The end of Konfrontasi signalled a new beginning in regional cooperation. The reduction in sub-regional tension boosted the confidence of the non-socialist states of Southeast Asia, especially in the wake of the problems which surrounded the formation of Malaysia. Speaking in April 1967, during an official visit to New Zealand, the Malaysian deputy prime minister, Tun Razak, reflected on the regional environment over the previous decade, describing those years as being ‘difficult and turbulent’. To Tun, the prevailing situation, however, had ‘considerably improved. . . . Nationalist forces in Indonesia rose to the occasion and saved their country from being dominated by the communists. We can now look to the future with cautious optimism.’1 The establishment of Asean in 1967 reflected these positive views, even though it could be argued that they were overly optimistic, given that the situation in Indochina soon deteriorated, exemplified by the Tet offensive in 1968. These contrary trends in the external environment were also affected by significant domestic concerns. The outbreak of the racial riots of May 1969 in Malaysia proved to be a turning point not only for domestic politics, but also for the leadership. These riots led to Tunku Abdul Rahman’s departure and the rise of his deputy, Tun Abdul Razak, to the helm of Malaysian politics. This leadership change signalled a significant shift in the country’s foreign policy, which was to have a profound impact on relations between Malaysia and China in the early 1970s. The main objective of this chapter is to examine the changes in both the internal and external environments of Malaysia in this period and the impact of these changes on Kuala Lumpur’s relations with Beijing. While these changes did not produce an immediate improvement in the relationship between China and Malaysia, they did, however, open the opportunity for a significant shift in the country’s ties with Beijing under the new leadership in Kuala Lumpur. At the domestic level, the chapter examines two inter-related factors that had an impact on the shaping of the leadership’s perception of China: namely, the reduced strength of the communist movement in the country and the deterioration in race relations, which culminated in the riots of May 1969. In the external realm, this chapter examines four inter-related issues that affected the Malaysian leadership’s attitude towards the PRC. First, there is the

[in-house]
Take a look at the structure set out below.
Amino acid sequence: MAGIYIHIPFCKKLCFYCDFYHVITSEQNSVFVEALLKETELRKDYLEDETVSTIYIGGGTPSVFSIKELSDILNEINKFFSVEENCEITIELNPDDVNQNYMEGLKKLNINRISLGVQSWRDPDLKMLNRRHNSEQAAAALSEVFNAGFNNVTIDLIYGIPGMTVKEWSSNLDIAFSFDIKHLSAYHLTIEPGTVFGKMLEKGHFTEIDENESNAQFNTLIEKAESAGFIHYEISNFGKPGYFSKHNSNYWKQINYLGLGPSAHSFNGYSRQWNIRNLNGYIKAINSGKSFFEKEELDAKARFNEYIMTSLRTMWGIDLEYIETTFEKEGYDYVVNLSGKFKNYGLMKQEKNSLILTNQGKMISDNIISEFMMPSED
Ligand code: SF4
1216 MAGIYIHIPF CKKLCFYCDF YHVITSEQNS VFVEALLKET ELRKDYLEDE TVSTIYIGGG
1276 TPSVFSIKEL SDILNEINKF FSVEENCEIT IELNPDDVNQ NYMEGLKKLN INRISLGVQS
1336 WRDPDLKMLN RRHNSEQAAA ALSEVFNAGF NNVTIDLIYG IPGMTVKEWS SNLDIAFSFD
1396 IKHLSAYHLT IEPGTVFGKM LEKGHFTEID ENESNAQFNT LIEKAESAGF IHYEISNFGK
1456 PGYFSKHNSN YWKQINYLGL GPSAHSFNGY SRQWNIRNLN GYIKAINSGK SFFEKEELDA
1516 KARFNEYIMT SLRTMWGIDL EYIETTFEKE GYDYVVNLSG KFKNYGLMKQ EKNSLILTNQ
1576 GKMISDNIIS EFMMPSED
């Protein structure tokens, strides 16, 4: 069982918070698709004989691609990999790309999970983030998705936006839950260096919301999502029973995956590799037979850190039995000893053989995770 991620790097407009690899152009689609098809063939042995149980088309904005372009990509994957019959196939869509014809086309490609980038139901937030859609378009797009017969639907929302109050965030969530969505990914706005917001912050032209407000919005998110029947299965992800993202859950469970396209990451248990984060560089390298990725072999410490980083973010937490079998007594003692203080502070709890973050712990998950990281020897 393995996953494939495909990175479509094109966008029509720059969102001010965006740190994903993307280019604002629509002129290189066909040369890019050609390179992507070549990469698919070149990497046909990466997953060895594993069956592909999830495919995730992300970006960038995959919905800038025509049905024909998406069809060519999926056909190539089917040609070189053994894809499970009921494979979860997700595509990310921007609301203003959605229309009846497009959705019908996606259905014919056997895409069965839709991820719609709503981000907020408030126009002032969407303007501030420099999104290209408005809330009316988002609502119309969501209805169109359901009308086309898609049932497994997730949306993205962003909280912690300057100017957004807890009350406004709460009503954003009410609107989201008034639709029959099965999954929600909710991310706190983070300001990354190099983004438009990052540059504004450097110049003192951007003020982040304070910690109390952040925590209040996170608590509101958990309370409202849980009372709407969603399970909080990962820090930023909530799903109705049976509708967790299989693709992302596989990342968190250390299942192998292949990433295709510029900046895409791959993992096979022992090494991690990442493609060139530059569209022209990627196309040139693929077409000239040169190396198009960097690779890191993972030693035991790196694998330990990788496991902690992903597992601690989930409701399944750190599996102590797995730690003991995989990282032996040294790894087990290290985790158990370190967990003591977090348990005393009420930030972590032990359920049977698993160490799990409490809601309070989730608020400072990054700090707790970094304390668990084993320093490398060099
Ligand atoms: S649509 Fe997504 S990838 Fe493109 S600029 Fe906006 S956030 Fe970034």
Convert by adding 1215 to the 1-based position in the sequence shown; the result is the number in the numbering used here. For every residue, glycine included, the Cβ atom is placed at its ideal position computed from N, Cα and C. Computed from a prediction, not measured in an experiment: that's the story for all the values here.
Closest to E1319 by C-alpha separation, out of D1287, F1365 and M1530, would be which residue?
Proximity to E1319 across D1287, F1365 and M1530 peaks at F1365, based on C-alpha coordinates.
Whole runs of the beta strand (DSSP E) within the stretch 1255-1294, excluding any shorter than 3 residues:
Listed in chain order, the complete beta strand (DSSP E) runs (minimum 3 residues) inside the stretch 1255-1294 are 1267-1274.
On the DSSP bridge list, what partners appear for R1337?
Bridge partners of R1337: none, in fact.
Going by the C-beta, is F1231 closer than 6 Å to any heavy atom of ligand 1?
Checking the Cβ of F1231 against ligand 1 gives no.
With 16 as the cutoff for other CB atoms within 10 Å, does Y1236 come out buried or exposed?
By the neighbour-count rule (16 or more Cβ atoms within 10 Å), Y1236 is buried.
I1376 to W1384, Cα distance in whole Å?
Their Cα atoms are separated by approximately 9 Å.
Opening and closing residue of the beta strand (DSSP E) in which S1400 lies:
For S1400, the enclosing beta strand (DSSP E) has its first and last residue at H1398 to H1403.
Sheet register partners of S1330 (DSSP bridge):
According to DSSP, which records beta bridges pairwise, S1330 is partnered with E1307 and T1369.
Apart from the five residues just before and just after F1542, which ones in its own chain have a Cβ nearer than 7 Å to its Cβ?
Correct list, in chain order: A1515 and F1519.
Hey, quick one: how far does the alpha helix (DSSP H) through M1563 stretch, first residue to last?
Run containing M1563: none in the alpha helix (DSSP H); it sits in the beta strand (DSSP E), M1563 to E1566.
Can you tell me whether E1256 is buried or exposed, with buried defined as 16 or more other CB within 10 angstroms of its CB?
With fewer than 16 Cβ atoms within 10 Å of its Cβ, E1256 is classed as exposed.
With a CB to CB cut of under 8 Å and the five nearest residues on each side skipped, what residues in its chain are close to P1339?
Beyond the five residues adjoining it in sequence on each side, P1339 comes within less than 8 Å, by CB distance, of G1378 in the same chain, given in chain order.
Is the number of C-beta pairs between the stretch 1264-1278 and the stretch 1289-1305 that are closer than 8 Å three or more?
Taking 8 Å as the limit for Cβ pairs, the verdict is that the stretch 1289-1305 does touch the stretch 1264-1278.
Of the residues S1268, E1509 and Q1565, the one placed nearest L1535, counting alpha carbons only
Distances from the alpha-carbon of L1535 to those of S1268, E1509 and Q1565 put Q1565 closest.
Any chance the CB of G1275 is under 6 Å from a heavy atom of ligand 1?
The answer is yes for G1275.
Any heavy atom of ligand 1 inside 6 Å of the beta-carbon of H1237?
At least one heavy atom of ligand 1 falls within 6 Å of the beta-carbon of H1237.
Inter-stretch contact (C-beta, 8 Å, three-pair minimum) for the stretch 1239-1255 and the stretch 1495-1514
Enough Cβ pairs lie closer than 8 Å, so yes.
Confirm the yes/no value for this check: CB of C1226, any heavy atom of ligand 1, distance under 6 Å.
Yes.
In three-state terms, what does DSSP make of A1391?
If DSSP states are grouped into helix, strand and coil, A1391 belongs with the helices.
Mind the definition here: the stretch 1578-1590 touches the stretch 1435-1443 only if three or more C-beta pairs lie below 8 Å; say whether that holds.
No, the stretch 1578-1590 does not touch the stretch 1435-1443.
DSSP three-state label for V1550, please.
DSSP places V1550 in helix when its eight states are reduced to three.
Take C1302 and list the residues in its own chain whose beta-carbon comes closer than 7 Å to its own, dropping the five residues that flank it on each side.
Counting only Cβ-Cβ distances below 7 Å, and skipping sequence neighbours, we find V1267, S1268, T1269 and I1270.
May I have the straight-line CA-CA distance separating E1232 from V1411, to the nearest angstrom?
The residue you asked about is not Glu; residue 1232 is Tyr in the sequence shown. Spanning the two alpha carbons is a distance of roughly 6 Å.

impact of the Sino-Soviet dispute on Malaysia’s perception of the China threat. Second, it will discuss the impact of the burgeoning conflict in Vietnam on Malaysia’s view of China, given the apparent closeness between the north Vietnamese and Chinese communists. Third, the chapter will address the implications of British withdrawal east of Suez on Malaysia’s thinking about China. Finally, the development of regional cooperation, in particular the formation of Asean, will be examined. Specifically it will discuss the extent to which China emerged as a factor in the deliberations amongst the Malaysian elites when they discussed the setting up of this organisation. In other words, how important was China in their calculations? This chapter will, however, begin by providing a general assessment of Malaysia’s policy towards the PRC from 1967 to 1969.